Piet W Louwman began his career in the motor trade during the early 1920s while still a teenager. By the age of 20, he had become the Dodge distributor for the Netherlands, but it was signing the deal to become the region’s importer of Toyota cars in 1964 that enabled his business empire to truly burgeon.
At that stage, the Louwman collection was relatively small but did, importantly, include a 1914 Dodge Model 30 tourer that Piet W bought in 1934 direct from the factory for use as a showroom exhibit to attract passing trade. To most people at the time, it would have been nothing more than an outdated vehicle, but the far‑sighted Louwman had already realised the importance of preserving the heritage of the fast-developing automobile.
More than that, he recognised that the particular nuances of individual cars would one day be regarded as important – which is probably why he was careful to ensure that what would prove to be the foundation of a world-class collection was fitted with every conceivable period extra.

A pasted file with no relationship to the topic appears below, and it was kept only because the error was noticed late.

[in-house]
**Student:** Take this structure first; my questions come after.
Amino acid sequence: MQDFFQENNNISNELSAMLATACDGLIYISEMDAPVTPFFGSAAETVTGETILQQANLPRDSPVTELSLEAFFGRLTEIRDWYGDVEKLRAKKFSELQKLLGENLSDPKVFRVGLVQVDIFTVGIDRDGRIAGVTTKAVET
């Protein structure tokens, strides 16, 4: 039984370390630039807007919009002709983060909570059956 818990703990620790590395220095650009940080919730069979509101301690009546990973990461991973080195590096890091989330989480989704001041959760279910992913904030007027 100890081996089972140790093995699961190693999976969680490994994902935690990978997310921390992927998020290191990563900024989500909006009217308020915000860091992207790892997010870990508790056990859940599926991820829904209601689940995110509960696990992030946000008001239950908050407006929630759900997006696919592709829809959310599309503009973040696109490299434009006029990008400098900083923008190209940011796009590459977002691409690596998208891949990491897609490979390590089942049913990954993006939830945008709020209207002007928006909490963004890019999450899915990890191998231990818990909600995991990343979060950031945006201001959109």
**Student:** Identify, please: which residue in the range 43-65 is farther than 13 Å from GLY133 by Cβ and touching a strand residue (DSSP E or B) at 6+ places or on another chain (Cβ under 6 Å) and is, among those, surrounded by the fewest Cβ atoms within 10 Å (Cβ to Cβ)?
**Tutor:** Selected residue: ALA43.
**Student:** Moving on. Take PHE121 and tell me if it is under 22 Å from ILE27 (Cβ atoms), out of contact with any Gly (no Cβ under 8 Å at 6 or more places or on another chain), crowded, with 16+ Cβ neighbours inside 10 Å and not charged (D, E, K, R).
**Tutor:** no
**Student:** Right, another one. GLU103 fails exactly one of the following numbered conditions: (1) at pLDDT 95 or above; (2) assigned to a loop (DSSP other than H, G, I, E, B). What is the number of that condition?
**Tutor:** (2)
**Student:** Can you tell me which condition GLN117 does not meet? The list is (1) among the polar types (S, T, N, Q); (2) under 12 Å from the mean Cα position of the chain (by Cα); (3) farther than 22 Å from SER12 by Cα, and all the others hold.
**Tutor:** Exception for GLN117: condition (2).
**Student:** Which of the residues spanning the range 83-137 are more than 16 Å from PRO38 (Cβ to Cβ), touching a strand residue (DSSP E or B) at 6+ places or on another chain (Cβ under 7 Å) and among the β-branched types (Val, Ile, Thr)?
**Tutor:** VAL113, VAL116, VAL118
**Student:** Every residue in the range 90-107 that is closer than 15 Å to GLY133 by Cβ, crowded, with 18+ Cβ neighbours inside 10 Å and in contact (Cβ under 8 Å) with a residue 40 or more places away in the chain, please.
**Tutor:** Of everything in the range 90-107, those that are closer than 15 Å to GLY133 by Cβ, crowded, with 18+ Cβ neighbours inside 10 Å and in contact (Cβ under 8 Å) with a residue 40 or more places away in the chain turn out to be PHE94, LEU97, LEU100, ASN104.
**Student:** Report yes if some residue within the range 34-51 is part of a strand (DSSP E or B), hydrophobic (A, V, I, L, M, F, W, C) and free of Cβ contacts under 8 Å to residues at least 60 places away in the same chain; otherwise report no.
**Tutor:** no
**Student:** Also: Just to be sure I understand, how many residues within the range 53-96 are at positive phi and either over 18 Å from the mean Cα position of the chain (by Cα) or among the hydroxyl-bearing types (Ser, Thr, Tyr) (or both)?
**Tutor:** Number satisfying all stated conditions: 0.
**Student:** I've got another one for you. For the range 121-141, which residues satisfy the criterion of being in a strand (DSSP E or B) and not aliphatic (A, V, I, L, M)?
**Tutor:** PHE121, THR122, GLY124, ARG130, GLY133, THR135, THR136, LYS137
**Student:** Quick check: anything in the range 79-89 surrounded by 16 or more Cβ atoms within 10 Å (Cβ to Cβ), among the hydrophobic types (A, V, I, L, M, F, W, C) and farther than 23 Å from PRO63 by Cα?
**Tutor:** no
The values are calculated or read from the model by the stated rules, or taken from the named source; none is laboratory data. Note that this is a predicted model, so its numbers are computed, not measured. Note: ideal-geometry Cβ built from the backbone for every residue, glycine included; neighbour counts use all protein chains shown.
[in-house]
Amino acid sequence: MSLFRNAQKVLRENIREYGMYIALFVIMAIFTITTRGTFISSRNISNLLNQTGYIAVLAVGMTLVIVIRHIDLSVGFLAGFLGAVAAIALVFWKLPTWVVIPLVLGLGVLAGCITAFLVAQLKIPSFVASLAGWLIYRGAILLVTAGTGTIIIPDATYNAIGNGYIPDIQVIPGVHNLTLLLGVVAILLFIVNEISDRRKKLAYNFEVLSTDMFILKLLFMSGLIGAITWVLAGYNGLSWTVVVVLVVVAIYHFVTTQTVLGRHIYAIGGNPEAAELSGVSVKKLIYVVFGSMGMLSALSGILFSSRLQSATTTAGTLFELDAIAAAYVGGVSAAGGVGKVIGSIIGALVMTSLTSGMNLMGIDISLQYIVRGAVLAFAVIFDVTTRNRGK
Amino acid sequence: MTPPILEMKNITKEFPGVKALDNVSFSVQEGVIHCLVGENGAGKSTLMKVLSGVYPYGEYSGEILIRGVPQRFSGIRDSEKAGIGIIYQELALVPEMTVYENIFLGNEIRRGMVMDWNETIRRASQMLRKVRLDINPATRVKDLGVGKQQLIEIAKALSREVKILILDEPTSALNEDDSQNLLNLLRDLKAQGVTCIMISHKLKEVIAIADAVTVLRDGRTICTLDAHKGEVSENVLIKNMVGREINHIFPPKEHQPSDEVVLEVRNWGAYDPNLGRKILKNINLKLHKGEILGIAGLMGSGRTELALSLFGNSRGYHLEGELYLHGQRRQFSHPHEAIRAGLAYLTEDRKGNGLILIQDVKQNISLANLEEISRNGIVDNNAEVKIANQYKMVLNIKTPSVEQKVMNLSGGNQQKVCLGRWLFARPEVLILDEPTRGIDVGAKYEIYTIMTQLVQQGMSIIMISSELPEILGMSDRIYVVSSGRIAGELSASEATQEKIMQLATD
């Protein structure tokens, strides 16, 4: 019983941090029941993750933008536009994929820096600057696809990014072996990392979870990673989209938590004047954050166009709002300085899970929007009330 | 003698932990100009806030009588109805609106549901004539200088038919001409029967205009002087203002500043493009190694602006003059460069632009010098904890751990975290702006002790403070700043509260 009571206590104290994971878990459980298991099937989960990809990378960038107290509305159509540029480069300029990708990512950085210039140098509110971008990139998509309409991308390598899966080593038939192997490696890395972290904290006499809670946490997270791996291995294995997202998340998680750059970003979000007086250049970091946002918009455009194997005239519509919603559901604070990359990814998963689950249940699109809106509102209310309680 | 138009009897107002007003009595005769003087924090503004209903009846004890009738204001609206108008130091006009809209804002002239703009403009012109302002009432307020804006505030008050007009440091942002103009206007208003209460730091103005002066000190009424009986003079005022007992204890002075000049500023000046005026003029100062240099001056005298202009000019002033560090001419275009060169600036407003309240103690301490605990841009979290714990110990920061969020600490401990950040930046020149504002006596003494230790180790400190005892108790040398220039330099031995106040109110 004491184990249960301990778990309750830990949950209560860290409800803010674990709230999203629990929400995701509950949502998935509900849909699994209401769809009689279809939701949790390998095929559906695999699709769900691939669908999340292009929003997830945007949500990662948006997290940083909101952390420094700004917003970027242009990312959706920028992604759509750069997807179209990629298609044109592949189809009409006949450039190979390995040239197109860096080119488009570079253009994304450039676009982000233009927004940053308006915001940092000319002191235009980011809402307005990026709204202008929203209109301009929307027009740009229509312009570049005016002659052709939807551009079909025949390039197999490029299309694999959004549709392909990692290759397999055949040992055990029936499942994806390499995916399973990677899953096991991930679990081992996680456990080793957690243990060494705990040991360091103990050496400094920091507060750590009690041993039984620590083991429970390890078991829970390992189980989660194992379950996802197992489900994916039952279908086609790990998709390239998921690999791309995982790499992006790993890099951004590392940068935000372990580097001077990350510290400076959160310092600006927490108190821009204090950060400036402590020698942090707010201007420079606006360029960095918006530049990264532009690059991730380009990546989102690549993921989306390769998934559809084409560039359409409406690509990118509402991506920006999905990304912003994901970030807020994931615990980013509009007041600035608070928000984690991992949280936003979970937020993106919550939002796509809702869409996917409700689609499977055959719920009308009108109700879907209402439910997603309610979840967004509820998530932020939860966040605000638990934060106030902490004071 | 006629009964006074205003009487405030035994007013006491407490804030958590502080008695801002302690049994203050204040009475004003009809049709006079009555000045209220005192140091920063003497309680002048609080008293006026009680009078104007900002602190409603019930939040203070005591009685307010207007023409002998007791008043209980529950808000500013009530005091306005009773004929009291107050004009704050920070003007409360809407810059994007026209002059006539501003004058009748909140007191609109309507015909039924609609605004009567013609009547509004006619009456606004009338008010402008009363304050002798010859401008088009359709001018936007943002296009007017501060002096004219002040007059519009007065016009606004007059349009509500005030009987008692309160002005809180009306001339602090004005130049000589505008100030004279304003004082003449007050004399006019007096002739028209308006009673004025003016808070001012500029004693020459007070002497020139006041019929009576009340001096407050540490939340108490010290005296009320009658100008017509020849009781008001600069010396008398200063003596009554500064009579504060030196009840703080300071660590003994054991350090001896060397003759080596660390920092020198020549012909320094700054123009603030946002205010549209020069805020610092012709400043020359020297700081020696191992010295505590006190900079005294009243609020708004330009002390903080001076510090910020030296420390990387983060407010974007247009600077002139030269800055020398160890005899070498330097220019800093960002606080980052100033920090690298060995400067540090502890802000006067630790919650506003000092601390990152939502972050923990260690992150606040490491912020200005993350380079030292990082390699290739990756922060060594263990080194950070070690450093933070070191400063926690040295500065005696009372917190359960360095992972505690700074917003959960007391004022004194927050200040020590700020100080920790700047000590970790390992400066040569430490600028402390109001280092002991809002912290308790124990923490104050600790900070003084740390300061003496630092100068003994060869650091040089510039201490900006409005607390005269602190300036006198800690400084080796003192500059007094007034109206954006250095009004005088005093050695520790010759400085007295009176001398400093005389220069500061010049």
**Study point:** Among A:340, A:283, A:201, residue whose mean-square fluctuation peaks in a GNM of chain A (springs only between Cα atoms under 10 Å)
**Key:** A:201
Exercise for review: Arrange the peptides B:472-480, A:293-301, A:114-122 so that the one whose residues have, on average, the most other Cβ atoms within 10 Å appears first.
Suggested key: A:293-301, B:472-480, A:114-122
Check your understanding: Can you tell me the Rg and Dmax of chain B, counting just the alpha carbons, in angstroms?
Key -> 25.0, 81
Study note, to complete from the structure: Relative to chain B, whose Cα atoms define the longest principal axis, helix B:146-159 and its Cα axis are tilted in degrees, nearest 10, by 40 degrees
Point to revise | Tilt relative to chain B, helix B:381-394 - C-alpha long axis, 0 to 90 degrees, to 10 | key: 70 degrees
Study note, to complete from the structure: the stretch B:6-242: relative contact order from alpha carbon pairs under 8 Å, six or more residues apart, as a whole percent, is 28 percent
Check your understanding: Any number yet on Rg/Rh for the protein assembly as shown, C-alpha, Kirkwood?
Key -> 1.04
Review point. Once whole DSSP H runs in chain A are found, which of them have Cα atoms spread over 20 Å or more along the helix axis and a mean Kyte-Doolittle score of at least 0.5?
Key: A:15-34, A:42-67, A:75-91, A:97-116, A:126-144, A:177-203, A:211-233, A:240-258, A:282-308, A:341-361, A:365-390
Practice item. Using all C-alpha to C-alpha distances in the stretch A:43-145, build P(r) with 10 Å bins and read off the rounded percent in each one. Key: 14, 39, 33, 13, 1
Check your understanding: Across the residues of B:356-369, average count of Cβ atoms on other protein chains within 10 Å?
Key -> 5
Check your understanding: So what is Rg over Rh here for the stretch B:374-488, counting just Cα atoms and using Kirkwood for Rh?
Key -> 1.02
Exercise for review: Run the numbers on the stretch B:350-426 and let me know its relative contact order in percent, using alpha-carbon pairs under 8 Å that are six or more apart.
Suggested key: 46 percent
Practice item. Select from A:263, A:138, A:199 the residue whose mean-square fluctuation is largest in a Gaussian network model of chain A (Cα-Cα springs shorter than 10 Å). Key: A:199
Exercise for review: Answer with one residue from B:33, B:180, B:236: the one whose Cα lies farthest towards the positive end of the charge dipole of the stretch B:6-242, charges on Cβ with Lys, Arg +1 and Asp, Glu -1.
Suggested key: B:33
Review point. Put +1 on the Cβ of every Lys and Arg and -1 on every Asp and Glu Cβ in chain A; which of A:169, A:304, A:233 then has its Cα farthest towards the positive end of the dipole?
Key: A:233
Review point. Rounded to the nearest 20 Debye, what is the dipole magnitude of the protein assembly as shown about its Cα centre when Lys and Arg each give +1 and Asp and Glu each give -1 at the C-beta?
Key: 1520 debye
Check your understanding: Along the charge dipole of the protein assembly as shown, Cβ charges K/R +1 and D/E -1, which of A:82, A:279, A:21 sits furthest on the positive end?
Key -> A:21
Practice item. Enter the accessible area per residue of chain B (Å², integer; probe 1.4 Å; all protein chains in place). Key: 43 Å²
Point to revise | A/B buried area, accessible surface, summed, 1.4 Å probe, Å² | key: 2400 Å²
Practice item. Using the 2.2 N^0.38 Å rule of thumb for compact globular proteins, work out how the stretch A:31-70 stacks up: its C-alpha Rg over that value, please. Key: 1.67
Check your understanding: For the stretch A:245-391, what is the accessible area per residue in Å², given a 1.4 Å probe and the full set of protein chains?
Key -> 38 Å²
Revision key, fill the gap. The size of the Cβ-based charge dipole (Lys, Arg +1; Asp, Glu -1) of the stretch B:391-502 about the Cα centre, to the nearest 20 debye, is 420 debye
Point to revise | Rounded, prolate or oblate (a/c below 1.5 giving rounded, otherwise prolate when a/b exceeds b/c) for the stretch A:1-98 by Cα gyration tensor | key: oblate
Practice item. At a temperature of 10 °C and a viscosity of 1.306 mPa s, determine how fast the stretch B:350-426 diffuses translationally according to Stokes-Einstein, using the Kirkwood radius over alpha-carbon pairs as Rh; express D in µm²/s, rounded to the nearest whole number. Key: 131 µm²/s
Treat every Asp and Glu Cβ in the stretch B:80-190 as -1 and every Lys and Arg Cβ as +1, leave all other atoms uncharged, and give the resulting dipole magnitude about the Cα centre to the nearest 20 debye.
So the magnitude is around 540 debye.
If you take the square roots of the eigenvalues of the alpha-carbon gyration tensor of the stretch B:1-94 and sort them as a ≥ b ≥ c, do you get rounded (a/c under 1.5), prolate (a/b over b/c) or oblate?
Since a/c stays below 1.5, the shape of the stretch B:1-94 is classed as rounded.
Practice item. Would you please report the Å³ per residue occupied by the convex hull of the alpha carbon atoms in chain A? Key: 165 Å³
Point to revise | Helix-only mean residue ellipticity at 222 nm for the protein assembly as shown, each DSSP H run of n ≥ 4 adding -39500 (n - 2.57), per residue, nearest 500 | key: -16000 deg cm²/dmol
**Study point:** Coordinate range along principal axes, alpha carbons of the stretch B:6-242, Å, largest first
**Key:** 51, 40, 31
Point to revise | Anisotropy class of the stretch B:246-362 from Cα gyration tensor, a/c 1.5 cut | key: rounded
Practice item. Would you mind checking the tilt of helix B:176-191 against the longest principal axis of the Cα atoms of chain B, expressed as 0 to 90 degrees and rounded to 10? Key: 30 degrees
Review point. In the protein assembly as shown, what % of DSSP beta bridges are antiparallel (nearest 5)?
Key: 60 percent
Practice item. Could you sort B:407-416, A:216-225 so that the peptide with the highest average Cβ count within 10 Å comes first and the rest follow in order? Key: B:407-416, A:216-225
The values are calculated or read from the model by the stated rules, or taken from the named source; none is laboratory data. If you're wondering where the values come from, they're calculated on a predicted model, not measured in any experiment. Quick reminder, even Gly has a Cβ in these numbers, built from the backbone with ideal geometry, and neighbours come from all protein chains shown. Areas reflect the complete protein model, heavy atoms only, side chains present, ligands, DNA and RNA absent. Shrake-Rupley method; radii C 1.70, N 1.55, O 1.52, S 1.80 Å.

And now, precisely a century after it rolled off the production line in Detroit, the Dodge remains a cornerstone of the Louwman collection as much for being the first car bought for it as for the rarity of its original gradient meter, cut-glass windows, warning whistles and Fat Man steering wheel, which was designed to tilt to allow drivers easier ingress.
Details like that make history interesting, and it is just such an appreciation of originality on which the Louwman collection has been built.
Until quite recently, however, its marvels could only be enjoyed by a lucky few. Evert Louwman made the decision to increase public access to it during the late 1990s – and then spent almost an entire decade planning how to do it.
As might be imagined, the result is rather more elaborate than your average motor museum, being situated next door to the royal residence of Princess Beatrix and having been designed by the critically acclaimed American architect Michael Graves as a soaring cathedral to the wonders of the car.